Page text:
It’s hard to imagine what lies ahead when you turn off NE 180th Avenue in Williston to make your way up the road that is the entranceway to Cedar Lakes Woods and Gardens. What the visitor will find is a little bit of paradise.
The former limestone quarry is now a 20-acre botanical garden with koi fishponds, waterfalls, and thousands of plants laid out with the distinctive feel of a Japanese garden. That’s because of the fondness that park founder Dr. Raymond Webber has for the Japanese gardening aesthetic.
“It has a Japanese feel because Dr. Webber visited Japan and fell in love with the culture,” said Lori Wallace, the park’s general manager. “He bought the property in 1991 with the idea of fishing in his own backyard.
“It was a swamp when he first bought it. In 1993, he got the excavators in and then built bridges in lower levels and other things like that. It needed a rock wall along the top, which led to putting plants behind the rock wall, which turned into a real passion to plant the gardens,” she said.
Webber stumbled upon the retired quarry, which had supplied materials for roadways like Highway 27, which runs through Williston, back in the day. When Webber found it, the former quarry had deteriorated into little more than a polluted swamp.
He purchased the property at first for his own private use. Workers dug out what was left behind, including old mining remnants, and began to transform the old swampy quarry, according to the website. Eventually, Webber created the non-profit Cedar Lakes Woods and Gardens, Inc. He donated the garden to the non-profit and opened it to the public.
He also donated the entire 64-acred surrounding woodlands to Conservation Florida to keep those lands protected. The visitor can wander along the trail there and enjoy Live Oaks that are hundreds of years old as well as cedars, pines, pecans, hickories, and dogwoods. The organization, Conservation Florida, maintains the easement.
Wallace met Webber, an endodontist, in 1985 when he became a frequent patron at the restaurant where she worked in Ocala. Both moved to Williston about the same time, and Wallace would come to visit him and the gardens and see how they were changing. Eventually, once the park opened in 2014, she ended up running things.
Not that spending time here is any hardship with over 50 separate gardens, a few cascading waterfalls, koi ponds that demand the visitor linger, and view after breathtaking view. You don’t want to be in a hurry when you visit.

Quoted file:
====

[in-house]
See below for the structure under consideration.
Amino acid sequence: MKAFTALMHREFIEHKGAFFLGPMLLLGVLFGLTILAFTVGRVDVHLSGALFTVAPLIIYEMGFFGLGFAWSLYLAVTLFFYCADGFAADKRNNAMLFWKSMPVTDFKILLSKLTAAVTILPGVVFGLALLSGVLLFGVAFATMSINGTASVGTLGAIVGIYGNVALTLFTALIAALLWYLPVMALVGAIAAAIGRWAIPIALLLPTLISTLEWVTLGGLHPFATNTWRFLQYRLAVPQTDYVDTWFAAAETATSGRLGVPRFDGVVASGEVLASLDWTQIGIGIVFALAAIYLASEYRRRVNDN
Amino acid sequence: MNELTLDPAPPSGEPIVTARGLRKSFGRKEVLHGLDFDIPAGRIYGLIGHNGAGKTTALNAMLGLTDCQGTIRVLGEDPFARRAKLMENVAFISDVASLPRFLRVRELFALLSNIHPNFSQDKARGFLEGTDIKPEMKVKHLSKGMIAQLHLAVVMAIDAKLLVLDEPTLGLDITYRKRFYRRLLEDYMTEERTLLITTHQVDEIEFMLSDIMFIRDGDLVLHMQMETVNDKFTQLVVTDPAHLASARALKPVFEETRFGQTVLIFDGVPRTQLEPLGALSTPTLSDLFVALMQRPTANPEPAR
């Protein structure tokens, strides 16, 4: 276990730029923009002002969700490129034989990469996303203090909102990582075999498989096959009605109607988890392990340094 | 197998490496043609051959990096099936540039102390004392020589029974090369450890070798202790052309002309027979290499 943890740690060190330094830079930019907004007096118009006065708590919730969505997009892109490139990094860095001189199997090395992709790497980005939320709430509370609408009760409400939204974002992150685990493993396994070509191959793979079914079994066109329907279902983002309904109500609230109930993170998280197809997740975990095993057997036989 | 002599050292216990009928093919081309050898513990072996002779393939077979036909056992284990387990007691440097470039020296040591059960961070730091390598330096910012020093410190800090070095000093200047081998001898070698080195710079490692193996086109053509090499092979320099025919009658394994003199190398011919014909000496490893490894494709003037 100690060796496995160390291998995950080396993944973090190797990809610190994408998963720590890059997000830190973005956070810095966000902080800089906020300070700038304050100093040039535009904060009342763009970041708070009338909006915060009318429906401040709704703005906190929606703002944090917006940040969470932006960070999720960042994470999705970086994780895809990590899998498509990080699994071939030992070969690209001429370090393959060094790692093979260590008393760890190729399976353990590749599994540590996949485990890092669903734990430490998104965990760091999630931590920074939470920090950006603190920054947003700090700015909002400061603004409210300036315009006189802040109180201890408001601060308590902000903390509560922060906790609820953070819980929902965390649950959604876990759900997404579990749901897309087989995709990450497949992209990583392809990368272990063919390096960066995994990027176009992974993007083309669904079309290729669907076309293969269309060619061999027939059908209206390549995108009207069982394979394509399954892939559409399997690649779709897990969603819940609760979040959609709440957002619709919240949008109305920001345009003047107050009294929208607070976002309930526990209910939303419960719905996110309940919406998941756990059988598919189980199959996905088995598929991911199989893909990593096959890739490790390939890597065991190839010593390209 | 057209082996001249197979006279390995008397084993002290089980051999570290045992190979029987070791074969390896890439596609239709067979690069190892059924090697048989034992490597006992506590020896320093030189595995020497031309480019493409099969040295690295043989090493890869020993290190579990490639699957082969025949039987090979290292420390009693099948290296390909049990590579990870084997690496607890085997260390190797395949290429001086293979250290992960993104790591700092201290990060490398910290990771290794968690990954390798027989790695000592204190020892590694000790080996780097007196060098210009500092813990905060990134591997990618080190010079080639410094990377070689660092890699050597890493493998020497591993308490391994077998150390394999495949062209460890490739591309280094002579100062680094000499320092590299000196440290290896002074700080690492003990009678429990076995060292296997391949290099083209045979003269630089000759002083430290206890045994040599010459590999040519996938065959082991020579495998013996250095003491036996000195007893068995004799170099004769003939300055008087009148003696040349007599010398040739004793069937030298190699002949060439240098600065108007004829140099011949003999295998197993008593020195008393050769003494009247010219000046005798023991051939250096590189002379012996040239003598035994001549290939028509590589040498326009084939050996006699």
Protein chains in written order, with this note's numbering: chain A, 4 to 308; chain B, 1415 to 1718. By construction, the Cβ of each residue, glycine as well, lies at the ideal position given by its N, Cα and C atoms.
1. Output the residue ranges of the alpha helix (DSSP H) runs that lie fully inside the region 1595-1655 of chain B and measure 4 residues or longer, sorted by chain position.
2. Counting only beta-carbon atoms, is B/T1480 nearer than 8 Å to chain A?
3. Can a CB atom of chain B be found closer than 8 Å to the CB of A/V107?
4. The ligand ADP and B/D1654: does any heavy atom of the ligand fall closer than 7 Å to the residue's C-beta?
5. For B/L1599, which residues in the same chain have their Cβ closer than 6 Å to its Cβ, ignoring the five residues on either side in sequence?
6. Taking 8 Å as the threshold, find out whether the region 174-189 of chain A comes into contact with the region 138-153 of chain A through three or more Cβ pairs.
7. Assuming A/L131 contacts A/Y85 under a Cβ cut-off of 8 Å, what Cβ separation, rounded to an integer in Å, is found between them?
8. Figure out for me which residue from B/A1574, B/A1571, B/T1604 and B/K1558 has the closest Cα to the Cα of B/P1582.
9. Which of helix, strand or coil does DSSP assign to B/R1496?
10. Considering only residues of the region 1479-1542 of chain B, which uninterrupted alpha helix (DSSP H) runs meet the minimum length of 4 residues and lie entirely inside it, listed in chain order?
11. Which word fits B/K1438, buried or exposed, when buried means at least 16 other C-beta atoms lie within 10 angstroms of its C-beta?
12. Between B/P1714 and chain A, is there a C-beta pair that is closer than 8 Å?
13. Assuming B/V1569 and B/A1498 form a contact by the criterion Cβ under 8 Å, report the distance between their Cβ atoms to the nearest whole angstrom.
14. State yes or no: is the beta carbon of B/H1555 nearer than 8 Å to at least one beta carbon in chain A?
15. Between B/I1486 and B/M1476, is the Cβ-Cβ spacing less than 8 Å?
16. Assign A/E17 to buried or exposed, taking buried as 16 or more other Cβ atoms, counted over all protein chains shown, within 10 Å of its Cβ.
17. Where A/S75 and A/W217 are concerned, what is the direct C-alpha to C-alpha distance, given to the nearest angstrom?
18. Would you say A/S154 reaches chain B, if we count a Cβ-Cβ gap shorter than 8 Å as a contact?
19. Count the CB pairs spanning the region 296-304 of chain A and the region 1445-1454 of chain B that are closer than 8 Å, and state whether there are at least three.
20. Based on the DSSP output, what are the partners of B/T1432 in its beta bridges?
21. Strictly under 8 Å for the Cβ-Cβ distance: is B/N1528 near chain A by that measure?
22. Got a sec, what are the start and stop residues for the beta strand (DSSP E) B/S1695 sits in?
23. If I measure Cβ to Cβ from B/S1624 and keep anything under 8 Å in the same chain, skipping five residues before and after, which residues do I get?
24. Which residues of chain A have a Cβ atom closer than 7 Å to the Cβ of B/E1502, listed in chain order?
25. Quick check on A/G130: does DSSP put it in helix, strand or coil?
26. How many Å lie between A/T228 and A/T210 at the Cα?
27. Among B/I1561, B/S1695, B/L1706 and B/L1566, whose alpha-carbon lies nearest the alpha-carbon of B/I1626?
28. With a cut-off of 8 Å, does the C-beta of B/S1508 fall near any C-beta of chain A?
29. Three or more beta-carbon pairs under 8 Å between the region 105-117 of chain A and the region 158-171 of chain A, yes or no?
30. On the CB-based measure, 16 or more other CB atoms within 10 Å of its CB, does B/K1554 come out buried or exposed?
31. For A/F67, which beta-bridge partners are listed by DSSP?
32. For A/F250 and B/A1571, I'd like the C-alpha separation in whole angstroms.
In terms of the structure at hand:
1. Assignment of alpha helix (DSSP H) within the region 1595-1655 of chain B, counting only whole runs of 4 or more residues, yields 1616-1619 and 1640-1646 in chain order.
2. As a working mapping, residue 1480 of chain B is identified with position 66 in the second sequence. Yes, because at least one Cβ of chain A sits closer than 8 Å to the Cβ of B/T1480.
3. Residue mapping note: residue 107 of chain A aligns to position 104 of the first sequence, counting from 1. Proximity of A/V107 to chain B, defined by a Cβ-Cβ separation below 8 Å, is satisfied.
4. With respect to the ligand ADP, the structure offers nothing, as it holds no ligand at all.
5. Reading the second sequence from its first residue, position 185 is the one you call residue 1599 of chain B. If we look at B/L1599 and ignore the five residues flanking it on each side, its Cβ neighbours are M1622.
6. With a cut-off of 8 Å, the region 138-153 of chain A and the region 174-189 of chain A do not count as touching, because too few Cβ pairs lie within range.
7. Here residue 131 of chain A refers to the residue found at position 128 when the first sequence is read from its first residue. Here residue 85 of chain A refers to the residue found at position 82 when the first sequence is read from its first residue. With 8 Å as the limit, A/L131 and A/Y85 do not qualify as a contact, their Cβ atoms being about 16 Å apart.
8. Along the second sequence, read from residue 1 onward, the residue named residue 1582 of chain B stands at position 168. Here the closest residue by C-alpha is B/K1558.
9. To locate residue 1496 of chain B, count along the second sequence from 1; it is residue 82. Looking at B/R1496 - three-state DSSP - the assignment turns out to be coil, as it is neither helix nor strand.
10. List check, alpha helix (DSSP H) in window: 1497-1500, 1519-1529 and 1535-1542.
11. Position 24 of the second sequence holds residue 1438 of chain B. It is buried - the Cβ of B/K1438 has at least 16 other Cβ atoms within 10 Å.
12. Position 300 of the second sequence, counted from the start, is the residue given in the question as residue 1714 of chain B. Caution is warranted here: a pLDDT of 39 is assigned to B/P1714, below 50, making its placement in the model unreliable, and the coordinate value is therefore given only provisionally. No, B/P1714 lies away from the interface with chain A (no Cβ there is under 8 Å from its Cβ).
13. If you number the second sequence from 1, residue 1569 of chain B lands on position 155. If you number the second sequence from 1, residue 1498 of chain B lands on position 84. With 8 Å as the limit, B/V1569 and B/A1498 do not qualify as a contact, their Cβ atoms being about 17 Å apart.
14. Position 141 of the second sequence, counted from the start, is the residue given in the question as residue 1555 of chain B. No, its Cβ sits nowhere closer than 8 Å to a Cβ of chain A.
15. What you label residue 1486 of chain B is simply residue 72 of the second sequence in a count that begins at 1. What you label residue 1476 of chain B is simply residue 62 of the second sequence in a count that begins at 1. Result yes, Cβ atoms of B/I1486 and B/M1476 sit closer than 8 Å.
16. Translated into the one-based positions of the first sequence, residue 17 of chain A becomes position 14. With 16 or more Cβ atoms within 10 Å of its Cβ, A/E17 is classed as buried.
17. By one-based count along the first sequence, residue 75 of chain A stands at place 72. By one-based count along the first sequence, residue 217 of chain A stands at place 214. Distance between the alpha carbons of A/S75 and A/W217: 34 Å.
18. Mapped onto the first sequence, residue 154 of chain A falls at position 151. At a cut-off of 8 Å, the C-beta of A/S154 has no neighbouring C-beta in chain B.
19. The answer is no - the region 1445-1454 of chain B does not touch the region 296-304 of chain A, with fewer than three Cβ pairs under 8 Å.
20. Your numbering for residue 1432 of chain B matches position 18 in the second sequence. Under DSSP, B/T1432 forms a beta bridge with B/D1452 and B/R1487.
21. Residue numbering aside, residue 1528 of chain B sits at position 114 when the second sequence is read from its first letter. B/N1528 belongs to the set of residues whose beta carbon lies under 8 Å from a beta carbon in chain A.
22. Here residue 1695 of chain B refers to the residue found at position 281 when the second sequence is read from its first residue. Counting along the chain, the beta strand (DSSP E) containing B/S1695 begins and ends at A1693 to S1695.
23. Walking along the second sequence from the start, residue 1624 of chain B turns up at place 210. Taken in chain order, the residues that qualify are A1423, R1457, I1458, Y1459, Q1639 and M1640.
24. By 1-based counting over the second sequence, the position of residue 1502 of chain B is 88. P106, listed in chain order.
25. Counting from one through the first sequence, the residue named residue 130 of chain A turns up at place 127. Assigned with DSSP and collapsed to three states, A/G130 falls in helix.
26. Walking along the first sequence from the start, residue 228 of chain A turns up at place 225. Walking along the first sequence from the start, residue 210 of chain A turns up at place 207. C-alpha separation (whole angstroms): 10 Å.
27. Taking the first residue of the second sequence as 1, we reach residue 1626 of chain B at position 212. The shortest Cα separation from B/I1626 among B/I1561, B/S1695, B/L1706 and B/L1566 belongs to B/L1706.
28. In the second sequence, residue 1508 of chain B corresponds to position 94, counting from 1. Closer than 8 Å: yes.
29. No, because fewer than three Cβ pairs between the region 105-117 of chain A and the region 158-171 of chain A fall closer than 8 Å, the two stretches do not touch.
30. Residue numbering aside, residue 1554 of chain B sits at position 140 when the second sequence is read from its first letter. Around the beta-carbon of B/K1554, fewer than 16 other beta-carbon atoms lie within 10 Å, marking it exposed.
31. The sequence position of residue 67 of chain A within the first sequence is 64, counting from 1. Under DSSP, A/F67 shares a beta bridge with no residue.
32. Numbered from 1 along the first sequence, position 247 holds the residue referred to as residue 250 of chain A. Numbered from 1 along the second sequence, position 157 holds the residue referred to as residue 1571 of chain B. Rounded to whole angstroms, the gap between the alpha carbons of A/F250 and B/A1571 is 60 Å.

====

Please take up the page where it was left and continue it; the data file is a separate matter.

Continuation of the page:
“This past year, he donated a beautiful cacti collection and built a greenhouse for it and paved some of the roadway which is big,” Wallace said. A year ago, Carol Solza and Karen Herring donated the Cacti and Succulent collection that their father tended to before his death, which should satisfy the whims of anyone with a hankering for the Southwest. The road repairs mitigate damages done by Hurricane Irma in 2017.
There’s also a children’s garden, with a mini birdhouse and small figurines that catches anyone’s eye but is particularly appealing to toddlers.
But all the gardens are kid-friendly and bring out the best in families. “I love you Daddy,” one little girl shouted out to her father as they viewed the koi fish in one of the ponds. “I love you right back,” Daddy told her, as he swung his daughter up in his arms.
The kids may also like the ducks on the premises—Huey, Duey and Louie—although park staff warns they should not be approached. Also on site, although in their own quarters, are two South African tortoises, as well as a Sulcata tortoise and four Leopard tortoises.
There are also plenty of benches where the visitor can stop and sit and picnic tables in covered overlooks as well as a dining area with numerous tables where you can eat what you bring along. Except for festivals when vendors will participate, there are no food services on the premises.
What gives the gardens their warm and friendly atmosphere is that there are many nooks and crannies given names, like “Daniel’s Place,” or “Betty’s Roses,” named after volunteers, friends, family members, dental staff and people who work at the gardens.
Although Cedar Lakes Woods and Gardens is primarily there “to inspire the public with artistic botanical creations,” several festivals are held throughout the year. Coming up on June 18 is the Second summer Daze Car Show where classic cars will be on display.
The park is closed on Wednesdays but open every other day from 9:30 a.m. to 5:00 p.m. Admission is $12 for anyone over the age of 13, $7 for children aged 6-13, and free for children 5 and under, and $6 for all military with ID.
Webber drew the map that visitors can pick up at the admissions office. The trails are well-marked with handrails painted red or blue that add to the charm. Plan on at least a 90-minute stay to complete your walk, but there’s no rush.
For more information, visit cedarlakeswoodsandgarden.com.
Editor’s note: This story has been updated.